Though it’s true that high-risk strains of human papillomavirus (HPV) cause most cases of cervical cancer, having HPV doesn’t mean that you will develop cancer. If you have HPV, it’s important to work closely with a women’s health specialist to monitor for any abnormal changes to cervical cells.
The team at Ideal Gynecology is here to provide the education and guidance to navigate issues like HPV. The most effective way to prevent cervical cancer is to get regular Pap smears.
HPV is a group of more than 200 viruses, with more than 40 types easily transmitted through sexual contact. In many cases, the immune system eliminates HPV on its own without it causing any health problems.
However, when HPV sticks around, it can lead to health issues, including genital warts and cancer. It’s important to know that the majority of HPV infections are low-risk types that can cause warts but are not known to lead to cancer.
HPV and cancer
Certain high-risk types of HPV are linked to several types of cancer. In fact, HPV is responsible for more than 95% of cervical cancer cases.
Other types of cancer linked to HPV include oropharyngeal, penile, vaginal, and vulvar cancer. These cancers often don’t develop until years after contracting a high-risk type of HPV.
Cervical cancer screening
Screening is key in preventing cervical cancer. If you have HPV, it’s important to discuss how often to schedule a Pap smear.
Once you reach age 21, it’s recommended that you get regular Pap tests every three to five years depending on your individual risk factors. If you have HPV, your Ideal Gynecology provider may recommend screening more frequently.
A Pap smear is a relatively quick screening test that plays a crucial role in the prevention and early detection of cervical cancer. During the test, your provider collects cells from your cervix and sends them for analysis to check for any abnormalities.
The goal is to detect any abnormal changes before they have a chance to develop into cancer.
What happens if I have an abnormal Pap smear?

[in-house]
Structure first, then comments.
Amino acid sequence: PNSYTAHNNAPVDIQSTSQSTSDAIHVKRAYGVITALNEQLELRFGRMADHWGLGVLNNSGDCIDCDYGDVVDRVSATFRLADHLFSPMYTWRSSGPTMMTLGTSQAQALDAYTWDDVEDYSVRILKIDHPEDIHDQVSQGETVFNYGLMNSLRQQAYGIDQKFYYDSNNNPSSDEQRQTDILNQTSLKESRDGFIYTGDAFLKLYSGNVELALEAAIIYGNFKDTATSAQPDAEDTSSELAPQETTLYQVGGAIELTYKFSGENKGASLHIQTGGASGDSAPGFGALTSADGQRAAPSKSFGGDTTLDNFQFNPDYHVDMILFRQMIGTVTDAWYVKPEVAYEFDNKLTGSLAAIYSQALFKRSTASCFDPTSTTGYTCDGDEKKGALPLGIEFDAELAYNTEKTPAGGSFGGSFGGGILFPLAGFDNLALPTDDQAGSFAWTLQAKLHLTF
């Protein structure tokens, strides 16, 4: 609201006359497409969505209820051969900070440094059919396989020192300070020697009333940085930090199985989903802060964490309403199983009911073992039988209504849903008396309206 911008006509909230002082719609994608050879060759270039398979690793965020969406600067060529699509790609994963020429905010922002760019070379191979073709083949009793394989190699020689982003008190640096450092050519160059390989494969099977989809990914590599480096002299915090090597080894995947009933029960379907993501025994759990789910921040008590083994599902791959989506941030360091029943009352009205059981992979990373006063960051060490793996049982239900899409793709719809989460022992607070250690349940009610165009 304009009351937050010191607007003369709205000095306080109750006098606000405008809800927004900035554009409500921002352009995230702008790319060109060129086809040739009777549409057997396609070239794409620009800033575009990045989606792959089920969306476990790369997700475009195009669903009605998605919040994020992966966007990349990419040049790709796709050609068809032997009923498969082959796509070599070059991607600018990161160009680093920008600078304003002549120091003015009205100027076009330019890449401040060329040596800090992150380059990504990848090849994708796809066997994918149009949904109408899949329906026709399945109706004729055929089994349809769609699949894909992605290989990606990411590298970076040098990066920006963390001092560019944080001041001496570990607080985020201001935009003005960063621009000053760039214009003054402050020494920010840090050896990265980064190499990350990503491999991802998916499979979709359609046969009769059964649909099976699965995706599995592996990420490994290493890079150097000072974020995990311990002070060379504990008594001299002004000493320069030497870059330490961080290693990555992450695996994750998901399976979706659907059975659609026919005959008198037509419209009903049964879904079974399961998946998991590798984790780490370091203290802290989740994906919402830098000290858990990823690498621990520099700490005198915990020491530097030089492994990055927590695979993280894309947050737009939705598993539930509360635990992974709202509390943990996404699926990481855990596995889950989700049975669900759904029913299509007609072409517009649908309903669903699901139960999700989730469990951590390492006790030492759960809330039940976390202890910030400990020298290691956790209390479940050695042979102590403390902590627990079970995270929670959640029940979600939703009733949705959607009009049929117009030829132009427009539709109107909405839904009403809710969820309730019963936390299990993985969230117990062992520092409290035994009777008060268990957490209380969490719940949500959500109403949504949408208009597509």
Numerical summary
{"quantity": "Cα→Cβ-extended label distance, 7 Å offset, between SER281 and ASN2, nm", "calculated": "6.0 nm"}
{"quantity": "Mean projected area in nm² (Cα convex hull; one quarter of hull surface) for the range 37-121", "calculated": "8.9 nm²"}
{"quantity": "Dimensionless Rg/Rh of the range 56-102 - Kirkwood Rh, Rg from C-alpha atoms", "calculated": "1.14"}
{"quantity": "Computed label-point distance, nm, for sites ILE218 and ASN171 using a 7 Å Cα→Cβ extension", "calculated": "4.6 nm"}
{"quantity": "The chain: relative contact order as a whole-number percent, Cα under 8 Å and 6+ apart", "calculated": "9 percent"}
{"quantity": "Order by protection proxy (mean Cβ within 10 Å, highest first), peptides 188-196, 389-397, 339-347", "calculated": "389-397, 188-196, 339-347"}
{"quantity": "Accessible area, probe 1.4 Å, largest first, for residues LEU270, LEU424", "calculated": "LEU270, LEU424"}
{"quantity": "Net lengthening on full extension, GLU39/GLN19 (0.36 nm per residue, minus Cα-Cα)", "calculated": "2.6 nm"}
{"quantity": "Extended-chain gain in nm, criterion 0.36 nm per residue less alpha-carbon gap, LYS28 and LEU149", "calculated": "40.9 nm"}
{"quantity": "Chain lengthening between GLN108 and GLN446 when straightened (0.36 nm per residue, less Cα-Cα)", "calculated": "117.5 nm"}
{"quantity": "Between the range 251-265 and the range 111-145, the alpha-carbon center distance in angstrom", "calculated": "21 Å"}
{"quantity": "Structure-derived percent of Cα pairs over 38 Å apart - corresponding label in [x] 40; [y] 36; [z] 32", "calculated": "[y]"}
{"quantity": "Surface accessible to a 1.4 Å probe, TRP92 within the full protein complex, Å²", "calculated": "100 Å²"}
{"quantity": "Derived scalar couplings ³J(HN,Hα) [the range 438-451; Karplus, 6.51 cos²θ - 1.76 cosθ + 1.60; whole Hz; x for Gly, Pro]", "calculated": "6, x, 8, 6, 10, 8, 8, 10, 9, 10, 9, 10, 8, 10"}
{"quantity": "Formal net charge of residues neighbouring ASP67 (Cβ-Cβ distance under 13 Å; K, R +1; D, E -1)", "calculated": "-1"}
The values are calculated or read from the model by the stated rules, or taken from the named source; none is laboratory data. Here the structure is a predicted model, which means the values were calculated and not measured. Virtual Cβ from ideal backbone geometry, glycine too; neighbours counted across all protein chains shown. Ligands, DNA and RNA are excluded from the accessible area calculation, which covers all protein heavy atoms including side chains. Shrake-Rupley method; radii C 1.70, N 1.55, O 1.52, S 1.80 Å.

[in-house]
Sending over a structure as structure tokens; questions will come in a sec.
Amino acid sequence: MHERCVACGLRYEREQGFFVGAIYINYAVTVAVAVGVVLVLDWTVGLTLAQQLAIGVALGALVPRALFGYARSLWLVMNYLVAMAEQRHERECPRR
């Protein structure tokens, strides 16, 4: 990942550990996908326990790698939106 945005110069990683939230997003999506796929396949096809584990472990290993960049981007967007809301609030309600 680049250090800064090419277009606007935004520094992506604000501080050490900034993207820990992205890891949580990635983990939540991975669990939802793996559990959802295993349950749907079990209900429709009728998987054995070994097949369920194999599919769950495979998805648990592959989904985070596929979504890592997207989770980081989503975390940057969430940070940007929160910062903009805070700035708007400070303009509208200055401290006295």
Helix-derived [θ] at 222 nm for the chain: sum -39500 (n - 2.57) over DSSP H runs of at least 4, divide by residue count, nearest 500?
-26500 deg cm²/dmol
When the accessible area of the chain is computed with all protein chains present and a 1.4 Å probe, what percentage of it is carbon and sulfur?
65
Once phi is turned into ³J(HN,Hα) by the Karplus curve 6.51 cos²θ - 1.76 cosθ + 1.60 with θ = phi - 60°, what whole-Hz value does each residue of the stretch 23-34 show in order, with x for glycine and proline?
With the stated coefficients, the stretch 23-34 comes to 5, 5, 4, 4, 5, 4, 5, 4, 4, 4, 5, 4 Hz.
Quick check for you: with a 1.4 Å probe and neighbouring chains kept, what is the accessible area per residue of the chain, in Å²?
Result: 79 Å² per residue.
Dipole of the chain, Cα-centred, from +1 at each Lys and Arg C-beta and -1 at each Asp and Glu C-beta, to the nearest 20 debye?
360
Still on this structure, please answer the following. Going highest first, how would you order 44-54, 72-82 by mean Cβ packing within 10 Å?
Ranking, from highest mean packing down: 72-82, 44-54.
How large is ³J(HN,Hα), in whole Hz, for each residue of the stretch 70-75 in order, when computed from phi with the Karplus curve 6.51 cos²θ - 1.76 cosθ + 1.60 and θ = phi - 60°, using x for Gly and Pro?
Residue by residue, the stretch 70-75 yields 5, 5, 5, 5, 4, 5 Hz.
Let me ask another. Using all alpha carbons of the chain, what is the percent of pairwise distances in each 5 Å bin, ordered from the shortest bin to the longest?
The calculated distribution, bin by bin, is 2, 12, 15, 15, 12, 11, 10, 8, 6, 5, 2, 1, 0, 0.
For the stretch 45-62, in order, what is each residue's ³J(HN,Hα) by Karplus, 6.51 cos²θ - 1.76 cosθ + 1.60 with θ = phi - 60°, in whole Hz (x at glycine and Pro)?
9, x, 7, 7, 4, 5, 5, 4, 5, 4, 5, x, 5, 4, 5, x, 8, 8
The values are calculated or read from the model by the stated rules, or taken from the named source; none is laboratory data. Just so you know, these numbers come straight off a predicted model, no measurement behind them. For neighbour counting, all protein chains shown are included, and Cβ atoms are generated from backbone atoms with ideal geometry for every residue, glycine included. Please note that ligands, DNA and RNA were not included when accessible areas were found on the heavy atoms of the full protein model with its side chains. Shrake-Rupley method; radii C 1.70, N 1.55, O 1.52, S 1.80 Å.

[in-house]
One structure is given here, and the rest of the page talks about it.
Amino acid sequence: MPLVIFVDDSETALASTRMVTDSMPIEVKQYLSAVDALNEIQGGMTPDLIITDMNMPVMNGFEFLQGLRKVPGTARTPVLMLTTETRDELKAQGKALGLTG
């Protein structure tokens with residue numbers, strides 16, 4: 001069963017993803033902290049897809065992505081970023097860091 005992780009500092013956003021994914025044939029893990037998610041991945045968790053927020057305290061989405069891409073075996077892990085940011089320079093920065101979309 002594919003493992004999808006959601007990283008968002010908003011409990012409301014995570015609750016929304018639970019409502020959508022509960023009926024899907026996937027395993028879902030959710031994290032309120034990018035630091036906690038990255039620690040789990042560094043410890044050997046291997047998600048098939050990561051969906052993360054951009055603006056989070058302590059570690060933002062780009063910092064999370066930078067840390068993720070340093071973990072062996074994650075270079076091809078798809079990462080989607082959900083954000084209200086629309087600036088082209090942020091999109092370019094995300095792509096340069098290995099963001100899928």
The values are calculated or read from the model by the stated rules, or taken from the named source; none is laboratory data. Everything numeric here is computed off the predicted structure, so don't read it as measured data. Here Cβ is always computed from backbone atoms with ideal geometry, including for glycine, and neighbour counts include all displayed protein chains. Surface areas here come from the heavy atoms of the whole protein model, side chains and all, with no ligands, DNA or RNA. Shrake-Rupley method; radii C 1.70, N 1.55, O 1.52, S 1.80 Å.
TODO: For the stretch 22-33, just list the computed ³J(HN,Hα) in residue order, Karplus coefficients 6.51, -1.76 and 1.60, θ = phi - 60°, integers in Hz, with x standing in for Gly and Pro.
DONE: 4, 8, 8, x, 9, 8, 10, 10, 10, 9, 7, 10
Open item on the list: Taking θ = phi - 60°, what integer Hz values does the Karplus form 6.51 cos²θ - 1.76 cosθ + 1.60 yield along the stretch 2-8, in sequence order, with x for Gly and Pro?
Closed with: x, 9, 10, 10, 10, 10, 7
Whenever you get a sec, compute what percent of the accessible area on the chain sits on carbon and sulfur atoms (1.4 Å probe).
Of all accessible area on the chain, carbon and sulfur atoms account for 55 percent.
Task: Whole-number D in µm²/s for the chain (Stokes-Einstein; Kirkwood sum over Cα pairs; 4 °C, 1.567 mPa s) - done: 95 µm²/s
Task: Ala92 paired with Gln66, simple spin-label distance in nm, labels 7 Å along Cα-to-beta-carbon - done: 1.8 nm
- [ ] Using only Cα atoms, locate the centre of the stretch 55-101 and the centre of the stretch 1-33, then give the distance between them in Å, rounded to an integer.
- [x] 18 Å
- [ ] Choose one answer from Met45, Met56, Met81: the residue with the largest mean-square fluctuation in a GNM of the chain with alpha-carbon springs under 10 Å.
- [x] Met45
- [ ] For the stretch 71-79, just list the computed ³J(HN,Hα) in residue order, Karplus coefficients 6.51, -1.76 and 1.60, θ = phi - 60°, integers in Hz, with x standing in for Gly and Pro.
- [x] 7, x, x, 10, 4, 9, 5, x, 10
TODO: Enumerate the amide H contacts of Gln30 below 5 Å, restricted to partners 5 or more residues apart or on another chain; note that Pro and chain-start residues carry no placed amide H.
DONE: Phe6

Receiving abnormal Pap smear results can understandably cause concern, but it's important to remember that an abnormal result doesn't necessarily mean you have cervical cancer. In many cases, abnormal results indicate minor changes or infections, including HPV, which may resolve on their own.
Next steps following an abnormal Pap test
The first step following an abnormal Pap smear is to follow up with your healthcare provider for further evaluation. Depending on the specific findings of your Pap test, our team may recommend a repeat Pap smear in a few months to monitor any changes.
Alternatively, our team may suggest a more detailed examination of your cervical tissue, known as a colposcopy. During a colposcopy, our board-certified gynecologist Dr. Lilian Schapiro, MD, FACOG, or one of our board-certified nurse practitioners uses a special instrument called a colposcope to closely examine the cervical tissue and may take a biopsy for further analysis.
If the follow-up tests reveal precancerous changes or significant abnormalities, don't panic. Precancerous conditions can often be treated successfully, preventing cervical cancer from developing.
Treatment options vary depending on the severity and extent of the cell changes. They may range from careful observation with repeat testing to minor surgical procedures to remove the abnormal tissue. Rest assured that our highly skilled women’s health team will guide you through the treatment process.
Keeping you healthy and vibrant throughout all life stages is our priority! If you have questions or are due for a Pap test, don’t hesitate to reach out to our scheduling coordinator to request an appointment. Taking proactive steps today can make a major difference in your long-term health and well-being.